I had calculated how many grams of carbs I would require, using 1g carb per 1kg of body weight per minute. 49 grams of carbs every hour. Fine, in normal weather conditions. The weather was not a nice summer’s day, it rained, a lot. From 6.50am onwards for the first few hours, it was windy, and pretty cold up on the moors. I was wearing shorts, sleeveless Triathlon top, arm warmers and a thin gilet. I thought I would be ok, I thought I was tough! I can handle some wind and rain I thought. I could, using a lot of calories to keep warm. More calories than I realised. I finished the 180km bike, feeling faint, light headed and not seeing straight.

The Run: 42.2km (my first marathon and longest ever run) 4 hours 5 minutes

The plan was:
Drink every 15 minutes, take a gel every 30 minutes
I had enough in my fuel belt to last till 9 miles where I would restock on drink and fuel from my support crew of Adam and Emily.

The reality:
I was not in a good state in T2, racking my bike, putting on my trainers, I knew I wouldn’t make it to the end of the road, let alone complete a marathon unless I had some fuel. I had a fuel belt, I put it on and consumed everything in it that was meant to last me till mile 9. 3 OTE Gels, 2x200ml bottles 1 of OTE energy drink, 1 of Coke, an OTE duo energy bar and a handful of jelly babies. Thank god my stomach is made of steel and OTE products are Ph neutral and kind on the stomach!! I downed all of this in the first 2 minutes, I perked up and started to see straight again. Maybe this was going to be possible. I reached half way in 1 hour 47 minutes. If I could just keep this going, all would be well. Bang! A sniper had jumped out and shot my legs. That was it, the most painful experience ever. I had officially hit the wall and there was no step ladder to get over it. The second half of the marathon was extremely painful! It was a case of putting one foot in front of the other. I continued to sip drink every 15 minutes and take a gel every 30 minutes and finally I reached the finish line.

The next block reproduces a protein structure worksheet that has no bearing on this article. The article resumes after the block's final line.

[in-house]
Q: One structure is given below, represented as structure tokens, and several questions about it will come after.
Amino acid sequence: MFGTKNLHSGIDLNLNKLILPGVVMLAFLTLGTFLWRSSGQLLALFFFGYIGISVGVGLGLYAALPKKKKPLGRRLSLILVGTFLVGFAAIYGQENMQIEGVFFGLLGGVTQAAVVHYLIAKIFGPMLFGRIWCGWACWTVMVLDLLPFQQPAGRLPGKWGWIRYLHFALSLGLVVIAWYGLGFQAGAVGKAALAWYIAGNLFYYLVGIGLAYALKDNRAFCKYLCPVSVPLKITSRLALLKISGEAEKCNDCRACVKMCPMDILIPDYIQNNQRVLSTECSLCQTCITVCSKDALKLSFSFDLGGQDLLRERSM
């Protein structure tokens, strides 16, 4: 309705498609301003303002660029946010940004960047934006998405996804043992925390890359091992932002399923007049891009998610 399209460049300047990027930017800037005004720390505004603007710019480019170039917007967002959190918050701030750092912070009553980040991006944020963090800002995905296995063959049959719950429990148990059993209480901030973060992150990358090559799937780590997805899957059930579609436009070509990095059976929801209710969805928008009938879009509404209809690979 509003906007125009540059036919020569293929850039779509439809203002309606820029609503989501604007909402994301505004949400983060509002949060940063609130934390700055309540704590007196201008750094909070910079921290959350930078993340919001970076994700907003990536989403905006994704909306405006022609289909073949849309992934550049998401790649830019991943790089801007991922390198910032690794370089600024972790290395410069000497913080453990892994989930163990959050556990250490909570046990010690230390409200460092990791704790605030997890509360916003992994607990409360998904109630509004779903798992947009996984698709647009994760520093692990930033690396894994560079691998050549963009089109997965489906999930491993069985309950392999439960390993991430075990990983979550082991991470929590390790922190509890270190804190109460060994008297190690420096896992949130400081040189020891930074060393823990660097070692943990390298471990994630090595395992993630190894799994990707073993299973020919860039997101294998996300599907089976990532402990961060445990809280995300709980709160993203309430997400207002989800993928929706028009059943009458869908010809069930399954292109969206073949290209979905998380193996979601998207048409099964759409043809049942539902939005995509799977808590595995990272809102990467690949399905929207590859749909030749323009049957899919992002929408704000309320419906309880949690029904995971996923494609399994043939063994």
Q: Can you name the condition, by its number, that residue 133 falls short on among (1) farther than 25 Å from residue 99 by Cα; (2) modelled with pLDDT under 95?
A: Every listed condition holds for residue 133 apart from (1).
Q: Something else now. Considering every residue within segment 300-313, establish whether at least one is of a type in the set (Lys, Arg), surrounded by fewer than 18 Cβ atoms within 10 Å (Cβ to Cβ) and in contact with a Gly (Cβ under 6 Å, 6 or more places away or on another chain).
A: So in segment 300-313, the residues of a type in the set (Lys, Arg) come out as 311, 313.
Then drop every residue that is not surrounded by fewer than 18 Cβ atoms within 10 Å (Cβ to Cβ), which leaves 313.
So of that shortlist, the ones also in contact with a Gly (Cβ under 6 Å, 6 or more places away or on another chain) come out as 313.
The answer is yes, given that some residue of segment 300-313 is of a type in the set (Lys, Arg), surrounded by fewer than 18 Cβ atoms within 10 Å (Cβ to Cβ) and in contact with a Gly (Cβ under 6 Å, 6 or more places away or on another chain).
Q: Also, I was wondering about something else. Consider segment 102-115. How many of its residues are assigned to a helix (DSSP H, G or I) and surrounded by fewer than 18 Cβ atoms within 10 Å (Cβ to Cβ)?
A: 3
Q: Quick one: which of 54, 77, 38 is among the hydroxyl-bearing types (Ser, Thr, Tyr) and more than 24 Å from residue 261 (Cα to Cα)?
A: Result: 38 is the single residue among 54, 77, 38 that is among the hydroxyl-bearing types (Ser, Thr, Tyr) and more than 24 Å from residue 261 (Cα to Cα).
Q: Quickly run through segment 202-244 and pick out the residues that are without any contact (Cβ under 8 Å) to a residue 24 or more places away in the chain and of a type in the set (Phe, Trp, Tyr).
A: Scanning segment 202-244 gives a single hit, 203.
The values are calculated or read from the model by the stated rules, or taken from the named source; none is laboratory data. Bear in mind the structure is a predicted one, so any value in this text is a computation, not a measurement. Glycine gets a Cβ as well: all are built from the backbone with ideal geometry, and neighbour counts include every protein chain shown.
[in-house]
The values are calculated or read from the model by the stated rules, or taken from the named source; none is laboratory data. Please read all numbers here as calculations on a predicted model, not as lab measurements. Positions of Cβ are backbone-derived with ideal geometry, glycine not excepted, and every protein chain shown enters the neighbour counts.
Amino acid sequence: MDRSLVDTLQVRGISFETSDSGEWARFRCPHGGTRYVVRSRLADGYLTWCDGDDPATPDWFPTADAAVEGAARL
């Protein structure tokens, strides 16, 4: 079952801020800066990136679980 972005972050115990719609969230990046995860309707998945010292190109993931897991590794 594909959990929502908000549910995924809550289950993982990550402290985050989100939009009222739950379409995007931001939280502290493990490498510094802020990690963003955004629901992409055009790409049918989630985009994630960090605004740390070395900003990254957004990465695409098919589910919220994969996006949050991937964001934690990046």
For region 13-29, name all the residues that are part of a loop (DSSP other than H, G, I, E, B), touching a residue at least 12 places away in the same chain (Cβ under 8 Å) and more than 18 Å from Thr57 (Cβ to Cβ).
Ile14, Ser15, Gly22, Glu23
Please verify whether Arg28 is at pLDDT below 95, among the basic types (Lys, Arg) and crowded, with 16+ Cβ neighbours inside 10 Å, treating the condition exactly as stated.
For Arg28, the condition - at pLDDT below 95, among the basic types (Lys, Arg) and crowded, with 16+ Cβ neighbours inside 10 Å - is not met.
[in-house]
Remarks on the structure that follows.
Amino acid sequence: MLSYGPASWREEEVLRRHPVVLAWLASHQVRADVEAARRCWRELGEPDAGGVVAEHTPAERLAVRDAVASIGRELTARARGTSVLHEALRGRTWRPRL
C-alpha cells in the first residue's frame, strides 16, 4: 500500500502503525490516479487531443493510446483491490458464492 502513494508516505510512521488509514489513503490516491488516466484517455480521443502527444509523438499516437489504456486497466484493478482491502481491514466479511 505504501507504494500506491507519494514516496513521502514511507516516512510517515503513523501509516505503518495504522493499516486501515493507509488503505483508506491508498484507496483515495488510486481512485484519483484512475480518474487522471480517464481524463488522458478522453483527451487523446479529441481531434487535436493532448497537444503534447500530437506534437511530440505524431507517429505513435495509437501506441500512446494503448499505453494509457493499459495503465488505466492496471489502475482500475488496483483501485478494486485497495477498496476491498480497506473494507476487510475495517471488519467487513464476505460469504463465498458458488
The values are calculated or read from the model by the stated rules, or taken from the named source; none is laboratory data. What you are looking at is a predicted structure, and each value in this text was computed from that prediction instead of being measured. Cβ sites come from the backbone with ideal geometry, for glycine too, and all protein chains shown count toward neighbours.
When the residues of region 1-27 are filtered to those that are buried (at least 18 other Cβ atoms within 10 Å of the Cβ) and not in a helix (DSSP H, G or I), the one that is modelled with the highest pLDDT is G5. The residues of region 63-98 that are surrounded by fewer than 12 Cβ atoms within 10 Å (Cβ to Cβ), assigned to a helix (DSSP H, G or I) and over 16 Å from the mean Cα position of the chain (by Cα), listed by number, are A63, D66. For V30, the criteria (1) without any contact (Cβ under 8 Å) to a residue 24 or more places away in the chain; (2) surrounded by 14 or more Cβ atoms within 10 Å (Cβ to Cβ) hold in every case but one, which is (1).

11 hours 48 minutes.10th female Pro. I did it, I finished my first Ironman. And I learnt a lot in those 708 minutes.

It was a tough old day, but an incredible experience. Thank you to everyone who cheered me on out on the streets of Bolton and who has helped along the way.

Posted in: General, Nutrition Advice, OTE Fuelled Athletes